An Unlikely Father-Son Adventure

July 1st, 2015

6-1 Jerry Brawner

Jerry Brawner and his son, Jess.

A heart attack was the last thing on their list of family fun

Jerry Brawner woke up at 3 a.m. on a Monday with what felt like severe indigestion. By the time 4 o’clock rolled around, it had only gotten worse, and he knew something was wrong. A single father, he woke his 9-year-old son, Jesse, and told him to pack a backpack while he called an ambulance “Come on, buddy, we’re going on an adventure,” he said.

Once the paramedics arrived, Jerry explained, “They hooked me up and said, ‘yeah, you’re having a heart attack.’” At 45, Jerry didn’t expect anything like this on what should have been just another normal Monday morning. “What’s scary,” he continued, “is that as soon as they tell you that, you know, your life flashes in front of your eyes and your adrenaline starts pumping.  I’ve got a 9-year-old …There’s nobody else who lives down here with me. I’ve got nobody for him.”

Jesse rode along in the front seat of the ambulance as his father was attended to in the back.  When they arrived at Houston Methodist St. John Hospital, Jesse waited with the ER staff as the doctors saved his dad’s life.

Jerry had suffered a STEMI, or ST segment elevation myocardial infarction. This potentially lethal type of heart attack occurs when a blood clot cuts all or part of the heart off from its blood supply. The lack of oxygen in the heart can cause muscle injury or death. STEMIs strike a quarter-million people every year.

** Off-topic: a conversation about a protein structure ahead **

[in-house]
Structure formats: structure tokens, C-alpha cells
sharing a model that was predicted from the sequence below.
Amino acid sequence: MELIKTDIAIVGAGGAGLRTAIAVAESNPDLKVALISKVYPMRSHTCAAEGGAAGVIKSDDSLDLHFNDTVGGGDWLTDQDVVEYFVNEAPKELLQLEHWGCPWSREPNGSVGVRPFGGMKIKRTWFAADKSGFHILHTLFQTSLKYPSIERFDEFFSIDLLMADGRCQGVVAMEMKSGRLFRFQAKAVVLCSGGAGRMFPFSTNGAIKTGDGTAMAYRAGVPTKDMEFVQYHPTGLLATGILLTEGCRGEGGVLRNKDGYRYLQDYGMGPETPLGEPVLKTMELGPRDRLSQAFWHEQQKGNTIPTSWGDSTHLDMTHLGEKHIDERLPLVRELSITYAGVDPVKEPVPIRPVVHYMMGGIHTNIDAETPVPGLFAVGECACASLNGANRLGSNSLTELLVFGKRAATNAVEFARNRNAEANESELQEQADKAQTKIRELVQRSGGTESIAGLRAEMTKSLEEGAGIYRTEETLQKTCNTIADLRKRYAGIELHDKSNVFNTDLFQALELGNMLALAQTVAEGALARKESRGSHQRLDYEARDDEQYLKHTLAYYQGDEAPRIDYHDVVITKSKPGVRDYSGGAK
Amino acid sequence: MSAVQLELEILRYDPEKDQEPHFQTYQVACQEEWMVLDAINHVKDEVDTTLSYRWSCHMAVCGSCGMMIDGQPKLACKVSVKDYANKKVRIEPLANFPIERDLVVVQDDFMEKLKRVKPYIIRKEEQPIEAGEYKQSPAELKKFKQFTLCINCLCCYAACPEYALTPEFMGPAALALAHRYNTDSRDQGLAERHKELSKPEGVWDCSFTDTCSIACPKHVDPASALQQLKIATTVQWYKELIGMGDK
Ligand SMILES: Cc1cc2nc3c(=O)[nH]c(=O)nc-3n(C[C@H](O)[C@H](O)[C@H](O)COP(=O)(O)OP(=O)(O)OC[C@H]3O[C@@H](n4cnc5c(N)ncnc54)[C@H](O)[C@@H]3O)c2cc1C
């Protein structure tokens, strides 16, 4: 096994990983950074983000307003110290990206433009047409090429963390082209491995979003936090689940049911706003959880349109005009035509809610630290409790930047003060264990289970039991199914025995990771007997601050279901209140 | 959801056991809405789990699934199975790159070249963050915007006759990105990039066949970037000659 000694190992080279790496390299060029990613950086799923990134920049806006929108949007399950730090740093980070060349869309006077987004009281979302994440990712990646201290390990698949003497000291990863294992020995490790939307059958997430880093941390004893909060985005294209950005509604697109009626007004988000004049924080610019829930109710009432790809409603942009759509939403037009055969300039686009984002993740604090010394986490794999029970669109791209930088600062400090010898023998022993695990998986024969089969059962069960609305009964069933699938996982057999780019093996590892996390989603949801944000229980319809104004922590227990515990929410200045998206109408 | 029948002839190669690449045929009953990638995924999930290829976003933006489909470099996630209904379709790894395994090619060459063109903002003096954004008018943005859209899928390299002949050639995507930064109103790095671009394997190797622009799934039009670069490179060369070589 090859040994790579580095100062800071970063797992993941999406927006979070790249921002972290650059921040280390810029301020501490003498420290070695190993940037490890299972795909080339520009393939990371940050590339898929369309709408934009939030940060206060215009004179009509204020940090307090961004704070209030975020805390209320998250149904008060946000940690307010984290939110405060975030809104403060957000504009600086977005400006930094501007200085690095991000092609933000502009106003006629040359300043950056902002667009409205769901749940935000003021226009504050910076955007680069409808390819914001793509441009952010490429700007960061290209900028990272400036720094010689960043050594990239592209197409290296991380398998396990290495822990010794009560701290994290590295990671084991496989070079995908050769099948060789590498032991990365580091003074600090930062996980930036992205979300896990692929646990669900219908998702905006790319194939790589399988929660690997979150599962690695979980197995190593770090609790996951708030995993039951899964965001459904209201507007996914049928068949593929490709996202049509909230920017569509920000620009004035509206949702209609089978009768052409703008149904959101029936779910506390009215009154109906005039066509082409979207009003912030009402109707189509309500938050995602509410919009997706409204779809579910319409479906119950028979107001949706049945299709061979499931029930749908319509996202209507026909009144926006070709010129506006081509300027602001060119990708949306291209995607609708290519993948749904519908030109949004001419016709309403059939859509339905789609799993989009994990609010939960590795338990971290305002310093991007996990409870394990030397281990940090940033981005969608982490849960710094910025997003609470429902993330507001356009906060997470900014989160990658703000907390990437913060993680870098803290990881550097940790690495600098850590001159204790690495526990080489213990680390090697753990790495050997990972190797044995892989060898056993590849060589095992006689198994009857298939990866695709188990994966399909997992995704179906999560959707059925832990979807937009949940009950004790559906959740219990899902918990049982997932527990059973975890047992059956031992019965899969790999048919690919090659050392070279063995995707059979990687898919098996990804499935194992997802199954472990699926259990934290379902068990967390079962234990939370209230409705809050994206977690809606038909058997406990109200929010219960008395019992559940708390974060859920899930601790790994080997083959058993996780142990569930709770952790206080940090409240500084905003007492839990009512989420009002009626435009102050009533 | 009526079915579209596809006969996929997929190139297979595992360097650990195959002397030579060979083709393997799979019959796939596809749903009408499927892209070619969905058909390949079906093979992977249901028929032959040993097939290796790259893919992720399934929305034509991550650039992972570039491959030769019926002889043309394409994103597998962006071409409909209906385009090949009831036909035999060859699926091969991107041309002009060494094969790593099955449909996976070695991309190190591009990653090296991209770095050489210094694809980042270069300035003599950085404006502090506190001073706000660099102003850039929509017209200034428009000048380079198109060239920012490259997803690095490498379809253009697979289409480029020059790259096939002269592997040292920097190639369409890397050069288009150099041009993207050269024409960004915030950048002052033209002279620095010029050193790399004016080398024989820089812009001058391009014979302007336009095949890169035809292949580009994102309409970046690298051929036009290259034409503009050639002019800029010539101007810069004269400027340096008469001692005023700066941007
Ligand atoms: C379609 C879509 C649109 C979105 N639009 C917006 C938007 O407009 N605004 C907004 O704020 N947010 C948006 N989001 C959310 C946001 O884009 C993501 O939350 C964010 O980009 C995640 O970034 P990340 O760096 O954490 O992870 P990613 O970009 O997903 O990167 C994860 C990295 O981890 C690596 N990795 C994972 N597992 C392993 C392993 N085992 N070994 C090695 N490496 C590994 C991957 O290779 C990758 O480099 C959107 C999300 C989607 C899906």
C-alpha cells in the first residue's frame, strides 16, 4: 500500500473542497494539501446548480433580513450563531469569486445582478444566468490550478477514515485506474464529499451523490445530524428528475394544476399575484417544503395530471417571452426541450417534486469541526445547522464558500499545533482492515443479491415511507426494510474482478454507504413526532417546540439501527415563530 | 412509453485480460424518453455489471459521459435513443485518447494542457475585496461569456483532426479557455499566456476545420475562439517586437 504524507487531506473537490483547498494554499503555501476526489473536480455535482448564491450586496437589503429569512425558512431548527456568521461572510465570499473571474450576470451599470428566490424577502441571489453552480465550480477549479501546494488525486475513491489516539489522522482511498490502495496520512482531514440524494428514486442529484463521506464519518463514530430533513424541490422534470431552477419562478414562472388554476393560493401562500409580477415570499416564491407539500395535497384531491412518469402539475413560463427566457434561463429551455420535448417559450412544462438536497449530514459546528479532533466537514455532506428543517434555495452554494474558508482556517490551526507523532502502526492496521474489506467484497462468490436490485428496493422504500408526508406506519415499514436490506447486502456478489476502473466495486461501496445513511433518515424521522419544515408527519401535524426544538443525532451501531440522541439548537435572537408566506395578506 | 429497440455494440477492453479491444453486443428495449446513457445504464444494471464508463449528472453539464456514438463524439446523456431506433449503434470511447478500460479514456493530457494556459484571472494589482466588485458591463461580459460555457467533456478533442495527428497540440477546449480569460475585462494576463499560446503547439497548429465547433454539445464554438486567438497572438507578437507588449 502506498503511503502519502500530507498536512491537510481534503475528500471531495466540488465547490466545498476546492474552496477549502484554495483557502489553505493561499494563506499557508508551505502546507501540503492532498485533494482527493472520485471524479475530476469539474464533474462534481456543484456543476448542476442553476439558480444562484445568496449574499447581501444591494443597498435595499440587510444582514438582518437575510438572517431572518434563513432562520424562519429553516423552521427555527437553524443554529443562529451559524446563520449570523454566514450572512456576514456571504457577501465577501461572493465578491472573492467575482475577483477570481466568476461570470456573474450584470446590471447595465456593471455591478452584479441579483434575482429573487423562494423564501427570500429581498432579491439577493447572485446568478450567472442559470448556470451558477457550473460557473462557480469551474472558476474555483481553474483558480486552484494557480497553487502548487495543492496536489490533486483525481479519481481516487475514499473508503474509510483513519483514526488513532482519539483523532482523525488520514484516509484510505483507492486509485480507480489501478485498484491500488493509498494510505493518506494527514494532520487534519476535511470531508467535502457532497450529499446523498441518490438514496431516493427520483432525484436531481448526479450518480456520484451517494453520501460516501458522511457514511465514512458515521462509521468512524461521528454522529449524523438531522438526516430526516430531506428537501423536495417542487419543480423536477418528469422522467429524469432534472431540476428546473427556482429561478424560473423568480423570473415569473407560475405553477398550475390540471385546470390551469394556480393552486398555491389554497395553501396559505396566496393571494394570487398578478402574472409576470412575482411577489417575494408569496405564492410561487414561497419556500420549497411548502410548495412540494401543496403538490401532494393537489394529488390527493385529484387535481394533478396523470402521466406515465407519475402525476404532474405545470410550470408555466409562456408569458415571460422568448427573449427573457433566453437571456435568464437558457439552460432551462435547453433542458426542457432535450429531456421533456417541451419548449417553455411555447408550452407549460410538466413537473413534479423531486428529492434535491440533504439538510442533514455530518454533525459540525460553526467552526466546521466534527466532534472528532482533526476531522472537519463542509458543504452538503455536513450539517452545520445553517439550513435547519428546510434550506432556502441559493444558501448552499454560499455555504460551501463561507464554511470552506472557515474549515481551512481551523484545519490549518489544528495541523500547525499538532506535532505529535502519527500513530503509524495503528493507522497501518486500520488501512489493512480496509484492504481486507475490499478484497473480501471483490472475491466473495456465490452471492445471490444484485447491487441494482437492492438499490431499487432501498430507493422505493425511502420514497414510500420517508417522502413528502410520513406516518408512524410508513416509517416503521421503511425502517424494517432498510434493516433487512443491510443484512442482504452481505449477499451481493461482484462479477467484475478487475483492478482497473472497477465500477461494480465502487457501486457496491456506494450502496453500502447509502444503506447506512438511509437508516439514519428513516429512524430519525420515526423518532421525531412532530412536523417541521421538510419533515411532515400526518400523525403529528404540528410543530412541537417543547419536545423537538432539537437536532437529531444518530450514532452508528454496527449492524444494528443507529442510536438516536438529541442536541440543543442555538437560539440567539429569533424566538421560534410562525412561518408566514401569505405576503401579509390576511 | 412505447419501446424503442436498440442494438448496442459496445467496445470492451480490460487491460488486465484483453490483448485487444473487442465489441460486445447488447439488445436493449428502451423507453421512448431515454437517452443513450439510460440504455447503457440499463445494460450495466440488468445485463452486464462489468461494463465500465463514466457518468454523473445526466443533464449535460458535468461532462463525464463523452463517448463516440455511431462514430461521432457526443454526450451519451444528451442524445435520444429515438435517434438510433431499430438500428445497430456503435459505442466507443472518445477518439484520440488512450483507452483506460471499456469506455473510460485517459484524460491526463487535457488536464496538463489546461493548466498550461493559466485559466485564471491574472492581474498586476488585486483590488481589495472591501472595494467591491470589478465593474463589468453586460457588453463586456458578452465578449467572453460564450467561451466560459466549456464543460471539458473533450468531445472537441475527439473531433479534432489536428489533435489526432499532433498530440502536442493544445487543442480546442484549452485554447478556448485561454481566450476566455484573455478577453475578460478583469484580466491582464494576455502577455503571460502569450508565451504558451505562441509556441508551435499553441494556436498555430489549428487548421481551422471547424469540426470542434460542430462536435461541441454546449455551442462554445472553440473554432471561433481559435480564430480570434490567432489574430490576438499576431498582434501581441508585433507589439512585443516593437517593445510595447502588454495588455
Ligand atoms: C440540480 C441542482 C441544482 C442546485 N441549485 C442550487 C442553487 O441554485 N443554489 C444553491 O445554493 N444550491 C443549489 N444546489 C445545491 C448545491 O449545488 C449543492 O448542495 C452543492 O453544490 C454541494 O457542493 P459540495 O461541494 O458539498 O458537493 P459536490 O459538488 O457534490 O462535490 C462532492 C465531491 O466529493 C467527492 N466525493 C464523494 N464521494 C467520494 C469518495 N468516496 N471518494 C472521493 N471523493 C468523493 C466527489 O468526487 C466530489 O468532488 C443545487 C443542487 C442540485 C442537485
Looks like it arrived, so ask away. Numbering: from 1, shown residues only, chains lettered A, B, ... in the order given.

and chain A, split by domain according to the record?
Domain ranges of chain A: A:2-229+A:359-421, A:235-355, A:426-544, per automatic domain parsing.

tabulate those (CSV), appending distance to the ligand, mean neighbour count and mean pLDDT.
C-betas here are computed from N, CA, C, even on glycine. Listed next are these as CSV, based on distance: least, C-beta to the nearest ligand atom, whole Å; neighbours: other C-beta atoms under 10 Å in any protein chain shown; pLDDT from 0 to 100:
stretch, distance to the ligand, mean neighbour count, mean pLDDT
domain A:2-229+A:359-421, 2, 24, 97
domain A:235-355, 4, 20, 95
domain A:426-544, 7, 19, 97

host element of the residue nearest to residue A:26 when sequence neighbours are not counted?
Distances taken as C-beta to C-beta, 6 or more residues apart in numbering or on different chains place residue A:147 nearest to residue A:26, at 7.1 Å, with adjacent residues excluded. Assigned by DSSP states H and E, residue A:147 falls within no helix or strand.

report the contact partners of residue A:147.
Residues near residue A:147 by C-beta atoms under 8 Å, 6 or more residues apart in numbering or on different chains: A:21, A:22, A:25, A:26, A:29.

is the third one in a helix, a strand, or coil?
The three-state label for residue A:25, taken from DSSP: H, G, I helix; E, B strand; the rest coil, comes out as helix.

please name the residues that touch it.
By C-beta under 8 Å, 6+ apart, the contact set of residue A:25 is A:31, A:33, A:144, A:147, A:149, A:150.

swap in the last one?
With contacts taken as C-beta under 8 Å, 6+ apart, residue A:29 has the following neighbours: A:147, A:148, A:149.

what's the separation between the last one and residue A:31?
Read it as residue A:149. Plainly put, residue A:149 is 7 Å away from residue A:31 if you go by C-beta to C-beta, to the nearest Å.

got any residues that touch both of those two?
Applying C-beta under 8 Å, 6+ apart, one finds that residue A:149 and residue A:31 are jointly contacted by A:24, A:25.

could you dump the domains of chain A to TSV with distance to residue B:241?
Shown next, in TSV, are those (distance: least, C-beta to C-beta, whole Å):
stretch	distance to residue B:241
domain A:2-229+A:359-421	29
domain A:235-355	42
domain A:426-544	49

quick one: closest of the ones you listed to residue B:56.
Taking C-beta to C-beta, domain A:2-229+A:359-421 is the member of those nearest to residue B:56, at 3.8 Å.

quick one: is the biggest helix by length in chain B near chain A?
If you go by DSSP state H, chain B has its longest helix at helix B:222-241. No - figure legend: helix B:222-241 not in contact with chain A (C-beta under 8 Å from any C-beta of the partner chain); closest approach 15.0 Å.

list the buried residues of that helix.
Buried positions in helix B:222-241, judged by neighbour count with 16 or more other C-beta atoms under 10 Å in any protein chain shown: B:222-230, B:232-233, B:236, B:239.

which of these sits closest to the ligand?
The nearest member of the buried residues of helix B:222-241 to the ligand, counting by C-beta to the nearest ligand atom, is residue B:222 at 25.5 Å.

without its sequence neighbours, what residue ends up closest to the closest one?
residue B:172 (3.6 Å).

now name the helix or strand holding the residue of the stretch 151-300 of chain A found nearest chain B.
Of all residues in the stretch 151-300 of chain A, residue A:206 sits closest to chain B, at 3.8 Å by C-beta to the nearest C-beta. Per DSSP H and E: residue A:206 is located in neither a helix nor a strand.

STEMIs typically present initially as heartburn, and the pain may radiate outward from there.  Other symptoms include shortness of breath, lightheadedness, nausea, weakness and palpitations.

Dr. Palur Balakrishnan, who treated Jerry, said, “Myocardial infarctions can result as complications from other infirmities, including diabetes, high blood pressure and obesity.  Smoking, lack of exercise and even stress can also precipitate a STEMI.”

He continued, “Due to the nature of these causes, many STEMIs can be prevented with a healthy diet and exercise.”

Jerry has been making an effort to adopt a healthier lifestyle and has been back to Houston Methodist St. John as he gets healthier. Jesse said, “I feel like my dad is a new person now. He eats a lot healthier, and he doesn’t eat as much, and he’s losing weight.”

With the help of the team at Houston Methodist, Jerry is on the road to recovery and a healthier lifestyle.

Bay Area Houston Magazine